Generic Name: PROMETHAZINE/PHENYLEPHRINE/CODEINE - ORAL Pronounced: (pro-METH-uh-zeen/fen-ill-EFF-rin AND KO-deen) Phenyleph-Promethazine-Cod Oral Uses
See also Warning Section.
This combination medication is used to treat symptoms
caused by the common cold, flu, allergies, or other breathing illnesses (e.g.,
sinusitis, bronchitis). Promethazine is an antihistamine that relieves watery
eyes, itchy eyes/nose/throat, runny nose, and sneezing. Phenylephrine is a
decongestant that relieves stuffy nose symptoms. Codeine is a narcotic cough
suppressant (antitussive) that affects a certain part of the brain, reducing
the urge to cough.
Cough-and-cold products have not been shown to be safe or
effective in children younger than 6 years. Therefore, this product is not
recommended to treat cold symptoms in children younger than 6 years. Some
products (including some long-acting tablets/capsules) are not recommended for
use in children younger...
Recently, a fellow migraine patient emailed me about a situation she had found herself in and asked me to share it in hopes of preventing others from finding themselves in the same situation. Joan (not her real name) had a "headache" and wasn't sure if it was a migraine or a headache, so she reached for her bottle of Excedrin ® Tension Headache and took two caplets as the directions state. Two hours later, since her headache wasn't better, Joan took FOUR more Excedrin ® Tension Headache caplets, which was double the recommended dosage. When that still hadn't worked two hours later, she took a dose of her triptan and two Vicodin (hydrocodone and acetaminophen) tablets. Once again, the medications provided no relief, so two hours later she repeated the triptan with two more Vidocin. At that point, she began vomiting uncontrollably, and her husband took her to the emergency room. In the emergency room, they gave her a charcoal substance to neutralize the acetaminophen, started an I...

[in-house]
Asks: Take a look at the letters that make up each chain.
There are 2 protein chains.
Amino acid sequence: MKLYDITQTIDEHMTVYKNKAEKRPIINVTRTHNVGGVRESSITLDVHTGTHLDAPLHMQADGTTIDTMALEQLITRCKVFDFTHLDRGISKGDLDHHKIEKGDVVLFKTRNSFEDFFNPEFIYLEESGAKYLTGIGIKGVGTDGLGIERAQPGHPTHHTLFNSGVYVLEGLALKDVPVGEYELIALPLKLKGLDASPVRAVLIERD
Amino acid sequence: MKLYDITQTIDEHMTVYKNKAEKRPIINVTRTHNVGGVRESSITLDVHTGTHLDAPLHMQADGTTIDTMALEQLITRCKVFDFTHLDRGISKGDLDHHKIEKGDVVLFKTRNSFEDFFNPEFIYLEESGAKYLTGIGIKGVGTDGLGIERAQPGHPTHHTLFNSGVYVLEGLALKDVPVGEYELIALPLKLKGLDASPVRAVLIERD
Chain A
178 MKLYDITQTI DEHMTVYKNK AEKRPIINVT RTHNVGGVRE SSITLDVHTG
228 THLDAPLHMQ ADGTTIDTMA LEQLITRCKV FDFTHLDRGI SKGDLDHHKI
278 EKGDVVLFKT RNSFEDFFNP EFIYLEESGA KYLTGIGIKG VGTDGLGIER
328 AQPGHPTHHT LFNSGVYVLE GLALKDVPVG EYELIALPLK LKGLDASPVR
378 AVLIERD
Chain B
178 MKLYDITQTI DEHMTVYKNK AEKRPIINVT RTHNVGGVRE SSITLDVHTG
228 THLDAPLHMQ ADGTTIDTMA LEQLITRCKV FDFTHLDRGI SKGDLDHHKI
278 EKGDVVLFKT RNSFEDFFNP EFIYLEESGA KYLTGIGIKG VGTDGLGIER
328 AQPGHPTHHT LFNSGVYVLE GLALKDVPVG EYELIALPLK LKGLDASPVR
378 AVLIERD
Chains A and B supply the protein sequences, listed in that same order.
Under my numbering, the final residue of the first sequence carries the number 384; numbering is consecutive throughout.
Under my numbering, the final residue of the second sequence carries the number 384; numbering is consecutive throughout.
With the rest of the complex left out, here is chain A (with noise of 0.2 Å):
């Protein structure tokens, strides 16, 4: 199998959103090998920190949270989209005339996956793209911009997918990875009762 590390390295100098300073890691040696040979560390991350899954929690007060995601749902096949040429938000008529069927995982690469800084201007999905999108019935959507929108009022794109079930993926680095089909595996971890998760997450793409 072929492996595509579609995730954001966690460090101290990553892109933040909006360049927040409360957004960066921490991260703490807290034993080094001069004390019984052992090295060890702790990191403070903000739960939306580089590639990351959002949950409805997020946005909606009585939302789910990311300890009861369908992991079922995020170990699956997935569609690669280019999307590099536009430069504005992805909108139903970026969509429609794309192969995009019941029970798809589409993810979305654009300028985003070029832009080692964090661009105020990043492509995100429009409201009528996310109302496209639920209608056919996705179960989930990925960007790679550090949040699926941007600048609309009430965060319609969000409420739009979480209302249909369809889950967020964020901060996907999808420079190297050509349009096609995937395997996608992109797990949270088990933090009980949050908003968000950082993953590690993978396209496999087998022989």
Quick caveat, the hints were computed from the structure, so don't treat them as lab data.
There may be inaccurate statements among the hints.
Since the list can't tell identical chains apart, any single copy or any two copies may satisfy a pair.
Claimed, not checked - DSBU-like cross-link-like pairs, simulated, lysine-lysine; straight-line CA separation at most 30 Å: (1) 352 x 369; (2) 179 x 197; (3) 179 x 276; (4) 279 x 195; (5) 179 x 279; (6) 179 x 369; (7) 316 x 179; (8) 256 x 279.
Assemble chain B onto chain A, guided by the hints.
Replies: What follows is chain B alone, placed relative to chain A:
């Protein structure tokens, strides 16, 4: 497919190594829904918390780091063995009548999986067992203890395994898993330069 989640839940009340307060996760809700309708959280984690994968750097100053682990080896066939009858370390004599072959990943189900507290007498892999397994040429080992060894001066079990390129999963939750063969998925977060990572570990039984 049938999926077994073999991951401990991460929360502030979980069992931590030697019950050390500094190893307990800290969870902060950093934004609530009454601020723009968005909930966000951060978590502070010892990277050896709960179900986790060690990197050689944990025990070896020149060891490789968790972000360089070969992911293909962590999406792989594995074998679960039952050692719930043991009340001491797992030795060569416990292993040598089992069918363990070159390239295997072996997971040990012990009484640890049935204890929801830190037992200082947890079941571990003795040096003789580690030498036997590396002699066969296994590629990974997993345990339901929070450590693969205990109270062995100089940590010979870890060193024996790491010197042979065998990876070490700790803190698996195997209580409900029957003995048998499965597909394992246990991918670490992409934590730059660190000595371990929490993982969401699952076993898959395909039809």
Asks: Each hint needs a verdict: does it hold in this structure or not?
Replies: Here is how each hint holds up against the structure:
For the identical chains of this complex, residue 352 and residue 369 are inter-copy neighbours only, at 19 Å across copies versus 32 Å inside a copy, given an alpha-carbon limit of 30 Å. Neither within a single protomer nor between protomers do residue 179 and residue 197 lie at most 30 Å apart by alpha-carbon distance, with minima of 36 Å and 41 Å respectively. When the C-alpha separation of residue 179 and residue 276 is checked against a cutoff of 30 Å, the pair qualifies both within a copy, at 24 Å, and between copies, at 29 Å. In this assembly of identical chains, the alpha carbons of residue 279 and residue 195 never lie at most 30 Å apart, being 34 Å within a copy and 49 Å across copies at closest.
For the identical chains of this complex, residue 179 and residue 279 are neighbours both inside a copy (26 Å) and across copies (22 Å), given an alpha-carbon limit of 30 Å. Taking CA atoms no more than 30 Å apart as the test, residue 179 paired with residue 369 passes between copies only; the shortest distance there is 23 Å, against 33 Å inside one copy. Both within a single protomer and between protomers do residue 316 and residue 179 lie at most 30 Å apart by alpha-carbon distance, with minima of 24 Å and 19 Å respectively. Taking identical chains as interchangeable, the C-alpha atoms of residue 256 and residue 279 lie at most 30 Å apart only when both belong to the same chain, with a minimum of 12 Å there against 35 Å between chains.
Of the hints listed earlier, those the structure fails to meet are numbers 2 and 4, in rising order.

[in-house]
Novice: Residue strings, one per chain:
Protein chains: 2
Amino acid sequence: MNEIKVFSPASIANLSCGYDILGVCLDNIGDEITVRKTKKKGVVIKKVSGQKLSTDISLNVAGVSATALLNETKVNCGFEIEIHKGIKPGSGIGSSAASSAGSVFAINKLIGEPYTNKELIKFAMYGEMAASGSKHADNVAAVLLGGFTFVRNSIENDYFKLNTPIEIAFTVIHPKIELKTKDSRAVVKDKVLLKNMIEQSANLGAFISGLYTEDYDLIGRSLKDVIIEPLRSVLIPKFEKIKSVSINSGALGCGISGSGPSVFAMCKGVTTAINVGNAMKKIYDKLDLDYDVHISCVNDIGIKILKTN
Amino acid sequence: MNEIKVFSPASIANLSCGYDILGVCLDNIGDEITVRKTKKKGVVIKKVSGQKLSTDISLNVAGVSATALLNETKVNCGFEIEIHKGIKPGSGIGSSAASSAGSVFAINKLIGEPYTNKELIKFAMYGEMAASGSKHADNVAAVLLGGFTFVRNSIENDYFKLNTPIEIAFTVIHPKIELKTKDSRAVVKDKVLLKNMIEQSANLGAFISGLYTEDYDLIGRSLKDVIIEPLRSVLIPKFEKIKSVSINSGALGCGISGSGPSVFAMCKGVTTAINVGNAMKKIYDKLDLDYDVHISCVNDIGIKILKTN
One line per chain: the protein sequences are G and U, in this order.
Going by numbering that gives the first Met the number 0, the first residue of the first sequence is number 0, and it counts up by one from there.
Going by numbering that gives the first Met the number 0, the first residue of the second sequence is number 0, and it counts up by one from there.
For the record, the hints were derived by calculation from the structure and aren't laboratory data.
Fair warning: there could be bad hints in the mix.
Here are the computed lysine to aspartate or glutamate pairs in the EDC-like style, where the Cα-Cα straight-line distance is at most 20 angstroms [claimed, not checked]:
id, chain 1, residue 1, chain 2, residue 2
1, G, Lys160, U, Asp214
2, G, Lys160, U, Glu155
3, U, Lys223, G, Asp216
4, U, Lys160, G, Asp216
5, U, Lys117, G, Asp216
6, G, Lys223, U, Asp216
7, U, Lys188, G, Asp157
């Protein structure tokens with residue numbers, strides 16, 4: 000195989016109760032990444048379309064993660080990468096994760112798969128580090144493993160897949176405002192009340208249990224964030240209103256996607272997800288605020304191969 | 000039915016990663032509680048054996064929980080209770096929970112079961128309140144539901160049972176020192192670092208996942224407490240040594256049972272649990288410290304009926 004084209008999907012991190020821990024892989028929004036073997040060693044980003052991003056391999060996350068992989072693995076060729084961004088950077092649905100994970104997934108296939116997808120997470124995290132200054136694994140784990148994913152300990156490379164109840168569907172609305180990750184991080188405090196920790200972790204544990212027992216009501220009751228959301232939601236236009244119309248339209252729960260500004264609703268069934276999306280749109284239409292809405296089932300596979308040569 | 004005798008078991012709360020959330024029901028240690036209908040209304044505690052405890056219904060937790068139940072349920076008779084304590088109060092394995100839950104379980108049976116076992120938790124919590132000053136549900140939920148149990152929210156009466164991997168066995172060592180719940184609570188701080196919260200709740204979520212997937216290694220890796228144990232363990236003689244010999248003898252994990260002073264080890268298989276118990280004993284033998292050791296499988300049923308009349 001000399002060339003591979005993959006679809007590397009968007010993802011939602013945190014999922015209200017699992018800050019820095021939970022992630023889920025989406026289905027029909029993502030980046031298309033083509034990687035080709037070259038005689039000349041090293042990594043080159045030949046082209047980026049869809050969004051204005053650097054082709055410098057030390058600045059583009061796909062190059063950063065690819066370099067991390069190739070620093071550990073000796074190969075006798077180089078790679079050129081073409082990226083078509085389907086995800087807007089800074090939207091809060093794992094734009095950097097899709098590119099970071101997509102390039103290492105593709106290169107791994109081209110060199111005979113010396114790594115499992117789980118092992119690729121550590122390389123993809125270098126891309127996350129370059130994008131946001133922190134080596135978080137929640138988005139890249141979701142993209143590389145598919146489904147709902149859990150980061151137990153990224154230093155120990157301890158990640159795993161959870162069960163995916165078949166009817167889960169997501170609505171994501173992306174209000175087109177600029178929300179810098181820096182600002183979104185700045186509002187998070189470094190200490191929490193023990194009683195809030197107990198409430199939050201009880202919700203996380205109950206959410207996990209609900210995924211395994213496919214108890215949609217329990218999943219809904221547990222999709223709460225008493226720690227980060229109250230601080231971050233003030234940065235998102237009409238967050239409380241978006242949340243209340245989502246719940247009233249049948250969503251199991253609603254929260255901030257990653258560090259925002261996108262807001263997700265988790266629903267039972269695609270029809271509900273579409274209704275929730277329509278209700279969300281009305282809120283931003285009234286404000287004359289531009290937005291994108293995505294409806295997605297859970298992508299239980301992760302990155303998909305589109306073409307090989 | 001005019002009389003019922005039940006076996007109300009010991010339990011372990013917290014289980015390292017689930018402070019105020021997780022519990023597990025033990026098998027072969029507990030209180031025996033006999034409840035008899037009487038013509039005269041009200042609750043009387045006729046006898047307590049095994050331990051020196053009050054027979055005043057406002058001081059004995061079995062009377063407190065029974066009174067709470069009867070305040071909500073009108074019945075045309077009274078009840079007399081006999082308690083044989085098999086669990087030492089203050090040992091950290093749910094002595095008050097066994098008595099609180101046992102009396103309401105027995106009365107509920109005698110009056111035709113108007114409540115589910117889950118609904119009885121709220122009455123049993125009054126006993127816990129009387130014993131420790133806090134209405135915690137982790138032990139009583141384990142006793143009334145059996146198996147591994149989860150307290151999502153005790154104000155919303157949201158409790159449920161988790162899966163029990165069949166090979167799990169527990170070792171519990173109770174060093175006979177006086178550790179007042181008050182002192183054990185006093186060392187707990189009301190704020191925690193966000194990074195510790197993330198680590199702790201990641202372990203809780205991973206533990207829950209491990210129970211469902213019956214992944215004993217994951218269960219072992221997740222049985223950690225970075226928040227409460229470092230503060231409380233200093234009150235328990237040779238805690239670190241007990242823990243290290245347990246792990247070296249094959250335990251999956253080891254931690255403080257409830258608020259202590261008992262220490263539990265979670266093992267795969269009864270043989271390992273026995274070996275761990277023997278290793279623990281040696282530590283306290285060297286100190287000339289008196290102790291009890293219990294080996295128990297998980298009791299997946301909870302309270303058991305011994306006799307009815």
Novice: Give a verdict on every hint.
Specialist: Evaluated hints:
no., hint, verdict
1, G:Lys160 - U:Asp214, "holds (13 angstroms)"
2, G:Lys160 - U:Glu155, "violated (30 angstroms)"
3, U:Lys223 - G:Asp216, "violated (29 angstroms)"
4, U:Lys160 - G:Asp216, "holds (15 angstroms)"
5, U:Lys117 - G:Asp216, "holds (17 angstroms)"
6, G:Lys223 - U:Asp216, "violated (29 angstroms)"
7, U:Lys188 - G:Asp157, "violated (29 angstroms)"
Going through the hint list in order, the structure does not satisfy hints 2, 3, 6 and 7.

Do you take acetaminophen (Tylenol) for Migraines or other issues, either by itself or as part of another medication?
If you do, you need to know about a new warning issued by the Food and Drug Administration (FDA) about a rare risk.
The FDA published this warning statement:
Acetaminophen, a fever and pain reliever that is one of the most widely used medicines in the U.S., can cause rare but serious skin reactions, warns the Food and Drug Administration (FDA).
Although rare, possible reactions to acetaminophen include three serious skin diseases whose symptoms can include rash, blisters and, in the worst case, widespread damage to the surface of skin. If you are taking acetaminophen and develop a rash or other skin reaction, stop taking the product immediately and seek medical attention right away.
Used for decades by millions of people, acetaminophen is the generic name of a common active ingredient included in numerous prescription and non-prescription ...
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